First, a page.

Wealth Management

Multi-asset funds explained

Adrian Howard
May 14, 2024

Multi-asset funds offer the opportunity to access a diversified investment portfolio with just one fund, so could they be the right choice for you?

At a glance

  • Multi-asset funds mitigate risk by spreading your money across multiple asset classes.
  • These vary depending on the fund but may include equities, corporate bonds, gilts, property and commodities such as gold.
  • Your financial goals, attitude to risk and how long you want to invest for will determine the ideal portfolio mix for you.

Sometimes, the prospect of running an investment portfolio – made up of multiple component parts - can be overwhelming. There’s fund selection to consider, as well as the need for regular reviews and amendments to help your investments stay on track.

For some investors, a multi-asset fund could provide a far more straightforward solution and make it easier for you to grow your wealth over the long term and achieve your financial goals.

Here we answer your questions on multi-asset funds.

What is a multi-asset fund?

Sometimes described as ‘one-stop shops’, multi-asset funds give investors access to a diversified investment portfolio with just one fund.

Rather than simply investing in a portfolio of shares, multi-asset funds invest across a spread of different asset classes. This varies between funds but can include shares (equities), fixed-interest securities such as corporate bonds and gilts, property and commodities such as gold, as well as cash. Geographical diversification can also be achieved by investing in holdings from across the globe.

Why should I invest in a multi-asset fund?

A multi-asset fund could work well for you if you want a simple investment solution. It means that you (and your adviser) don’t get bogged down by all the maintenance that goes with running an investment portfolio, freeing you both up to focus on your wider financial planning.

The funds themselves can be used for any financial goal, whether you’re saving for retirement, your children or grandchildren, or simply feathering your nest.

To maximise tax efficiencies, multi-asset funds can also be held within wrappers such as a pension or Stocks Shares ISA.

How do multi-asset funds work?

Multi-asset funds will either invest directly into a broad variety of assets or use a fund-of-funds approach, where the fund invests in other funds.

How assets are allocated within a multi-asset strategy will depend on the risk profile of the fund. Usually, the split between equities and other asset classes will be a fixed percentage – for example, 60% or 80% equities.

Automatic rebalancing will ensure these asset splits remain consistent, with the risk profile of the fund neither increasing nor decreasing over time.

The right asset allocation for you will depend on your attitude to risk and the length of your investment horizon, as well as your financial goals and circumstances.

Funds that invest the lion’s share of their holdings in equities will potentially achieve higher returns but will carry a higher degree of risk. Funds with a lower proportion of their holdings in equities will normally deliver lower returns but be lower risk.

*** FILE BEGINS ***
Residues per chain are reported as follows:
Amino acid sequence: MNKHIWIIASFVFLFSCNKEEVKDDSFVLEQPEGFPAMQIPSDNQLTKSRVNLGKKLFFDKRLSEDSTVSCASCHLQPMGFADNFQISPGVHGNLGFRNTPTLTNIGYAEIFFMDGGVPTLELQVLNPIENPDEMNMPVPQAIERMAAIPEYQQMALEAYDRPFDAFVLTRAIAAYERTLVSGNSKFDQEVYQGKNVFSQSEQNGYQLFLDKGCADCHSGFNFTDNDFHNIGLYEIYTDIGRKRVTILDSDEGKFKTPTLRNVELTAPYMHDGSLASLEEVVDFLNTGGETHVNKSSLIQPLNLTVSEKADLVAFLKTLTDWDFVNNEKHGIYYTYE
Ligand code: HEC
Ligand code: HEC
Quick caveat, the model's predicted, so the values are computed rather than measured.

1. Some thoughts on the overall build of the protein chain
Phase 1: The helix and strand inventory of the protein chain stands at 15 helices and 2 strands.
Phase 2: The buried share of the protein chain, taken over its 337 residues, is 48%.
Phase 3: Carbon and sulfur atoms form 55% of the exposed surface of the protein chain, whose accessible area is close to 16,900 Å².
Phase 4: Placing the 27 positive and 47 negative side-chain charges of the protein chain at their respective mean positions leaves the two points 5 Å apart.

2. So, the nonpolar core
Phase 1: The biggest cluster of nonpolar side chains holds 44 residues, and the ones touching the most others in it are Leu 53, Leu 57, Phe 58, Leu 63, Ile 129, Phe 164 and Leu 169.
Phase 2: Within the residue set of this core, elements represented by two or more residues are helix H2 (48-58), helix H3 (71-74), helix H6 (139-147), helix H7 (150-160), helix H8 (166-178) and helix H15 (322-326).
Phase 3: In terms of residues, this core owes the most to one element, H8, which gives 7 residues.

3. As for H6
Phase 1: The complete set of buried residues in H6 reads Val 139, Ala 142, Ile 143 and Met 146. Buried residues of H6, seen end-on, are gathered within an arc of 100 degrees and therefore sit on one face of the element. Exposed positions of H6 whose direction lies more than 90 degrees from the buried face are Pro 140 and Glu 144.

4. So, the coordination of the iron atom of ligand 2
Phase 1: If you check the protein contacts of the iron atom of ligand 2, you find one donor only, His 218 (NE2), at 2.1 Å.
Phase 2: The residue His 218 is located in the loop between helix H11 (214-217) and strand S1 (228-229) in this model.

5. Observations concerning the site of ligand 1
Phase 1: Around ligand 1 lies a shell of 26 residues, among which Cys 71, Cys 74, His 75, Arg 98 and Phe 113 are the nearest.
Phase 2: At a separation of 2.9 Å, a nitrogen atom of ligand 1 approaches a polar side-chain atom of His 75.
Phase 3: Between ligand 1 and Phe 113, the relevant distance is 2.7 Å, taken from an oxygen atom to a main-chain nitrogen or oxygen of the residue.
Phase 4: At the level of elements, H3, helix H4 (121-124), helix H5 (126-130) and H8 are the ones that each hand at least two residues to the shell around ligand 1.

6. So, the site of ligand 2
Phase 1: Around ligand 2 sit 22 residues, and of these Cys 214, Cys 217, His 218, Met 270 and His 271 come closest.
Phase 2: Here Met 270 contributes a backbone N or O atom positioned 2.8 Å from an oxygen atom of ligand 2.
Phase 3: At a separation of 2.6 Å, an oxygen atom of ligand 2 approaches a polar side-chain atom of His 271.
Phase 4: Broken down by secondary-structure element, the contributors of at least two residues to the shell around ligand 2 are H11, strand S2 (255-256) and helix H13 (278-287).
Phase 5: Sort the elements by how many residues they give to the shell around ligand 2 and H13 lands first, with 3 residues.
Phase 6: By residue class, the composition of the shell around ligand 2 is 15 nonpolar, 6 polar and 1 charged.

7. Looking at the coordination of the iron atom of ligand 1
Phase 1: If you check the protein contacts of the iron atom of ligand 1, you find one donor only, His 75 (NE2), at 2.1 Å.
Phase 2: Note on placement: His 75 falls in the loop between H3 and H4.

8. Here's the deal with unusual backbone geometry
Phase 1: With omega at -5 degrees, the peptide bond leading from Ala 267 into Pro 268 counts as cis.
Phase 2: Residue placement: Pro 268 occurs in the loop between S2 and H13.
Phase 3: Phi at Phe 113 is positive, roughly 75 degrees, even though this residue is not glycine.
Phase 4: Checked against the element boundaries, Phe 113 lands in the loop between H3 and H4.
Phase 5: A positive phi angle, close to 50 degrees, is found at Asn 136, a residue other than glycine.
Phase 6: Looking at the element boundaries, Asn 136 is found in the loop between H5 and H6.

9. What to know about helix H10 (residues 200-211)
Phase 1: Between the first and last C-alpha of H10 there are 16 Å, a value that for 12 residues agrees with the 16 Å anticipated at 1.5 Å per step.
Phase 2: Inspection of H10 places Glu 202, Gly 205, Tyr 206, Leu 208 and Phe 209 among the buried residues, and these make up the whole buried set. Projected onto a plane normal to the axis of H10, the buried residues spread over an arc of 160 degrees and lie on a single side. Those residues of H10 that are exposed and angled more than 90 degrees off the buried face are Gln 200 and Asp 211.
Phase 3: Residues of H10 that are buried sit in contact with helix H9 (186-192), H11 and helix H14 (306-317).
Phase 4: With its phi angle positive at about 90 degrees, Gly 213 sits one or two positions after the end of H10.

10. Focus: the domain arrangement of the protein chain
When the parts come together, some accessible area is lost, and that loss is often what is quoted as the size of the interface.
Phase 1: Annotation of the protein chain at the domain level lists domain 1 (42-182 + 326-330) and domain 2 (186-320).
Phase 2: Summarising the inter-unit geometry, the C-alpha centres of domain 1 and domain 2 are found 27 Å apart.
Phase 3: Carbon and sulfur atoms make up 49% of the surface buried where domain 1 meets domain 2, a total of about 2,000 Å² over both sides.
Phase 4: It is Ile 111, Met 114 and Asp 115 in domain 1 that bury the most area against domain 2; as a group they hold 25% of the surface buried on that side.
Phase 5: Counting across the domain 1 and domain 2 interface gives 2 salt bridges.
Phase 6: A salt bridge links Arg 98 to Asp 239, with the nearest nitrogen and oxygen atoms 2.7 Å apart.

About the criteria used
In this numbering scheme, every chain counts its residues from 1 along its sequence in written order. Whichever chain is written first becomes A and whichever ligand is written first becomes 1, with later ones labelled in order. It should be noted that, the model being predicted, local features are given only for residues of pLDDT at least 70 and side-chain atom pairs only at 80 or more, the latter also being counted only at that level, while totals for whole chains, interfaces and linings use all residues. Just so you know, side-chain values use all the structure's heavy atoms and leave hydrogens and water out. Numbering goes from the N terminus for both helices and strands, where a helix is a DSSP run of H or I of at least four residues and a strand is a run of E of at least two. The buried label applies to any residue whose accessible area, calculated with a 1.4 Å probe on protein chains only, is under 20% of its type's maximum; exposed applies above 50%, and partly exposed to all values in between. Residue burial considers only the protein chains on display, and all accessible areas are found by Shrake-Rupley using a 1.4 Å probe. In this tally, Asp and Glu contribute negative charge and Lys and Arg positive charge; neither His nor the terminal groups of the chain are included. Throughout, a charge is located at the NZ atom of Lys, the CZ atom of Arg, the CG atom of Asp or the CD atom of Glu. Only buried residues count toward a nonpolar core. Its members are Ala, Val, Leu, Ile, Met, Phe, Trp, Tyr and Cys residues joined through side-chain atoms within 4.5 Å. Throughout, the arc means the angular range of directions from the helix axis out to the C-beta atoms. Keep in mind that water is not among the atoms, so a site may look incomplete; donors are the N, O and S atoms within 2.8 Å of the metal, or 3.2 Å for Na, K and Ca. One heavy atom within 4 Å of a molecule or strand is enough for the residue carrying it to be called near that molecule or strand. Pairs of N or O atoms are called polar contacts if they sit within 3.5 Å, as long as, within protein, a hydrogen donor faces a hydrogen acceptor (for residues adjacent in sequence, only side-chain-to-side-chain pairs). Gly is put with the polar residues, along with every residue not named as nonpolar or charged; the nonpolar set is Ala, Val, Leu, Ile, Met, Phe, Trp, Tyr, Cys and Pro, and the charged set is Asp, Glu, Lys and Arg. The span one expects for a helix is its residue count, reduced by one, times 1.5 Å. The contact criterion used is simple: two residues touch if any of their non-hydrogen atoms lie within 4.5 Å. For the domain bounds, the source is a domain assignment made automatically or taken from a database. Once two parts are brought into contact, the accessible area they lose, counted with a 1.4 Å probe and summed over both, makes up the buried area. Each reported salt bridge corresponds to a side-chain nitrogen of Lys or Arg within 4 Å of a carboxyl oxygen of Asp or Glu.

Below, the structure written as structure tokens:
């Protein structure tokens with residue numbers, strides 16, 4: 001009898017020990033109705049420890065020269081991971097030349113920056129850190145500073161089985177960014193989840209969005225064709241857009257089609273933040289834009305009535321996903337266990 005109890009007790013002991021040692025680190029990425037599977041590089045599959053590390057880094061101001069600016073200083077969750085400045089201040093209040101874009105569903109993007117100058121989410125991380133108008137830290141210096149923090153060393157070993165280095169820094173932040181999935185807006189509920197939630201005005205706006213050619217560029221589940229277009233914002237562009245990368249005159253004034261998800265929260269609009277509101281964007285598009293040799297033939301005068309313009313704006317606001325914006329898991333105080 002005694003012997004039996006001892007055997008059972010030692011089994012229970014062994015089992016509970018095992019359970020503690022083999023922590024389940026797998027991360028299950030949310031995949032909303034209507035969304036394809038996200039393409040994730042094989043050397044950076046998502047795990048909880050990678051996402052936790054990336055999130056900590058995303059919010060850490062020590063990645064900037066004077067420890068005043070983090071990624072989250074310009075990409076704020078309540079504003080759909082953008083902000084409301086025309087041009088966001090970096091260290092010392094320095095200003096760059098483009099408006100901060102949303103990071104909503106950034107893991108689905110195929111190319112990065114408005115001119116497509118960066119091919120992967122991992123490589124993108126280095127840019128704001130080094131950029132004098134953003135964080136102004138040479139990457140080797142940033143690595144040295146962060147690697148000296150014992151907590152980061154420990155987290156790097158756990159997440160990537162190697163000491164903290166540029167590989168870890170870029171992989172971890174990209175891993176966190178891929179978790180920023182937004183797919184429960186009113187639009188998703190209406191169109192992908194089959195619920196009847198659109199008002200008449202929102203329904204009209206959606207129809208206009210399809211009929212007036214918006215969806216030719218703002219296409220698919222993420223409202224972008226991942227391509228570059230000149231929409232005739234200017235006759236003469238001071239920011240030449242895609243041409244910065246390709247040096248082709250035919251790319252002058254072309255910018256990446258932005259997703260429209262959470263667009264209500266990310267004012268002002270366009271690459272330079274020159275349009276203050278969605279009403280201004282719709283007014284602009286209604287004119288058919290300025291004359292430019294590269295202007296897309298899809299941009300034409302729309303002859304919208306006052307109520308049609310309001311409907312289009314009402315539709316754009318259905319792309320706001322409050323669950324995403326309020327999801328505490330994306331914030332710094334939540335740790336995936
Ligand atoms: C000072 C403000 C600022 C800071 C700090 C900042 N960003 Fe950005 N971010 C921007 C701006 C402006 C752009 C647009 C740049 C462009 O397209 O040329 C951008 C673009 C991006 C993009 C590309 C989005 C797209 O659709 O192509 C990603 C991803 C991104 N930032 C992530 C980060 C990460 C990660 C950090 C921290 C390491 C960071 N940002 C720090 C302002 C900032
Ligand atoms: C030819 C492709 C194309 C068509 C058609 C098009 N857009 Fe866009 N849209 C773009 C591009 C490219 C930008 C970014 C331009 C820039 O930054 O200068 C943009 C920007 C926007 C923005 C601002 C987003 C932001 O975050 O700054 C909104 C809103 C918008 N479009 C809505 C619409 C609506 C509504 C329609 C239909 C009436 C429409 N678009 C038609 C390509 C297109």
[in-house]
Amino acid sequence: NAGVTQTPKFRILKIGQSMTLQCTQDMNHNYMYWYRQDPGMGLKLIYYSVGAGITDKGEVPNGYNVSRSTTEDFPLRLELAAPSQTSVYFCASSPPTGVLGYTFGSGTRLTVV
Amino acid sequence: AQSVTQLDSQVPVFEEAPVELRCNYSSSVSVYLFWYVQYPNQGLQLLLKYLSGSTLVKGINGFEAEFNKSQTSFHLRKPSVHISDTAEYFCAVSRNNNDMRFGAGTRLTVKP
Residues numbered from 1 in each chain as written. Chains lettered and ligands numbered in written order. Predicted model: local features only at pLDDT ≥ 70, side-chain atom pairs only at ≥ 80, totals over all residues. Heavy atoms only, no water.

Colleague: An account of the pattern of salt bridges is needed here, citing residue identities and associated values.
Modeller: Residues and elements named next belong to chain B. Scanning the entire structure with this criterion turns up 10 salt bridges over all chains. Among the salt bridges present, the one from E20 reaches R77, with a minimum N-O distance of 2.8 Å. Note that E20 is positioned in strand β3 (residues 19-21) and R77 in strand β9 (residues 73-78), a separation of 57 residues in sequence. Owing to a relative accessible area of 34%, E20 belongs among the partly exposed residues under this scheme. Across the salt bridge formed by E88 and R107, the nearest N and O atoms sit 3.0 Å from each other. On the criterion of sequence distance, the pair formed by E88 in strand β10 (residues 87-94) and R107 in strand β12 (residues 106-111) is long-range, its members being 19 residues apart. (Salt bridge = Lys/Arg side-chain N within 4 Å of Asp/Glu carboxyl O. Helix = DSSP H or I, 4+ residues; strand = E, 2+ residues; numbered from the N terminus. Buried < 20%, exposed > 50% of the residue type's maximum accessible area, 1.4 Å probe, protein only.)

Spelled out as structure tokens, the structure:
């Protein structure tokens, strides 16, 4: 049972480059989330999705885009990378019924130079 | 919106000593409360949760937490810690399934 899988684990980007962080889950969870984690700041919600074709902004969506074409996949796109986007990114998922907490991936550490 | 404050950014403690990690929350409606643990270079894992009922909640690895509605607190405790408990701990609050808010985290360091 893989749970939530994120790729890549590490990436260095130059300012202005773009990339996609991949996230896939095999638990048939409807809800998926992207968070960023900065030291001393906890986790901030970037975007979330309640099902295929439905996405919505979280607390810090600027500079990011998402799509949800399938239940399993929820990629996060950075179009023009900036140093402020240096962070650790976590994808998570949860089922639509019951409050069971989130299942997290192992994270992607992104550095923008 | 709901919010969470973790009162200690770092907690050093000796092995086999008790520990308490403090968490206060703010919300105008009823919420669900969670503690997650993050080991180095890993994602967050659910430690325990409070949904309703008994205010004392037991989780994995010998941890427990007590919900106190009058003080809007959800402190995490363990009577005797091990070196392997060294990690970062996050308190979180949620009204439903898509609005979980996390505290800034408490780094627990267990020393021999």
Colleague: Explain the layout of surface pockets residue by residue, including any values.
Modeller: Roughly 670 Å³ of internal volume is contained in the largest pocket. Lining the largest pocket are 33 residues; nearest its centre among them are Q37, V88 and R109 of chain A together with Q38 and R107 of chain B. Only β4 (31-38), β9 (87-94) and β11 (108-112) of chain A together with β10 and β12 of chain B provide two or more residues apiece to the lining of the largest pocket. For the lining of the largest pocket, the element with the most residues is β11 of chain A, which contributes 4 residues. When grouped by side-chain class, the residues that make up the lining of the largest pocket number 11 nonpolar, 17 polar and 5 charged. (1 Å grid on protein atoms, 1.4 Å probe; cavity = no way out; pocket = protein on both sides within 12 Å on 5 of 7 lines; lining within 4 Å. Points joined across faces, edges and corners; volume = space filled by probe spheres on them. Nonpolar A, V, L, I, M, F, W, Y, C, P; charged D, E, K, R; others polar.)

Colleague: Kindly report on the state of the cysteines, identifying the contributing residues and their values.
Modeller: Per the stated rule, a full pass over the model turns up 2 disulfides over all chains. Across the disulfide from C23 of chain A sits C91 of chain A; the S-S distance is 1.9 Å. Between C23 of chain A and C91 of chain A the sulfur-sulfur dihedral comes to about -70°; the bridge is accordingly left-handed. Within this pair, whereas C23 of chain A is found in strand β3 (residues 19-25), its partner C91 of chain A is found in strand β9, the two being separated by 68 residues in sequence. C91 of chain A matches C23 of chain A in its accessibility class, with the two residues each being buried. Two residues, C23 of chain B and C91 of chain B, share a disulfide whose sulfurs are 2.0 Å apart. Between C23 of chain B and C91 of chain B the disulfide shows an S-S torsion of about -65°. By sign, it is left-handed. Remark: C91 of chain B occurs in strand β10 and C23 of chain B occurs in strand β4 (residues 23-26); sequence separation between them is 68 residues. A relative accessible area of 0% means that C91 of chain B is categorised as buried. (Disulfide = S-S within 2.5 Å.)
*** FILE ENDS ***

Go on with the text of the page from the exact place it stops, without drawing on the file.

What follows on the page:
Usually, the longer your investment time frame, the more risk you can afford to take – this gives your money the best potential to grow, and with time on your side, you should be able to ride out any short-term volatility.

It’s a very personal decision, though. When you work alongside us, we’ll talk to you about your financial goals, help you work out how much risk you’re comfortable taking and recommend the right asset split for you.

Can you lose money in a diversified portfolio?

All investment carries a risk of some kind, and there is the chance that you could still lose money with a well-diversified portfolio. The idea behind diversification though is that by not putting all your eggs in one basket, your overall risk of losses is reduced. This is because different asset classes will perform differently in different economic conditions, so if one asset class falls, you shouldn’t see losses across your entire portfolio. In an ideal situation, you may even see losses in one area offset by gains in another.

We can offer you access to SJP’s range of Polaris multi-asset funds. They are funds of funds, and all funds used are run on an actively managed basis by expert managers.

This means that even though you’ll only be investing into one fund and dealing with paperwork for that fund, your money is likely to be distributed across a number of different ones.

There are currently four funds in the Polaris range – all are focused on aiming to grow your capital over time; however, the risk profile of each is different. Polaris 1 has the lowest risk, while Polaris 4 has the highest.

Polaris 1: 40% invested in equities
Polaris 2: 60% invested in equities
Polaris 3: 80% invested in equities
Polaris 4: 100% invested in equities

The asset mix used in the Polaris solutions is selected by the St James’s Place Investment Committee. The funds typically invest in SJP funds, but some from third parties may be used too.

If you have any questions about multi-asset funds and how they could help you, talk to us.

The value of an investment with St. James's Place will be directly linked to the performance of the funds selected and may fall as well as rise. You may get back less than the amount invested.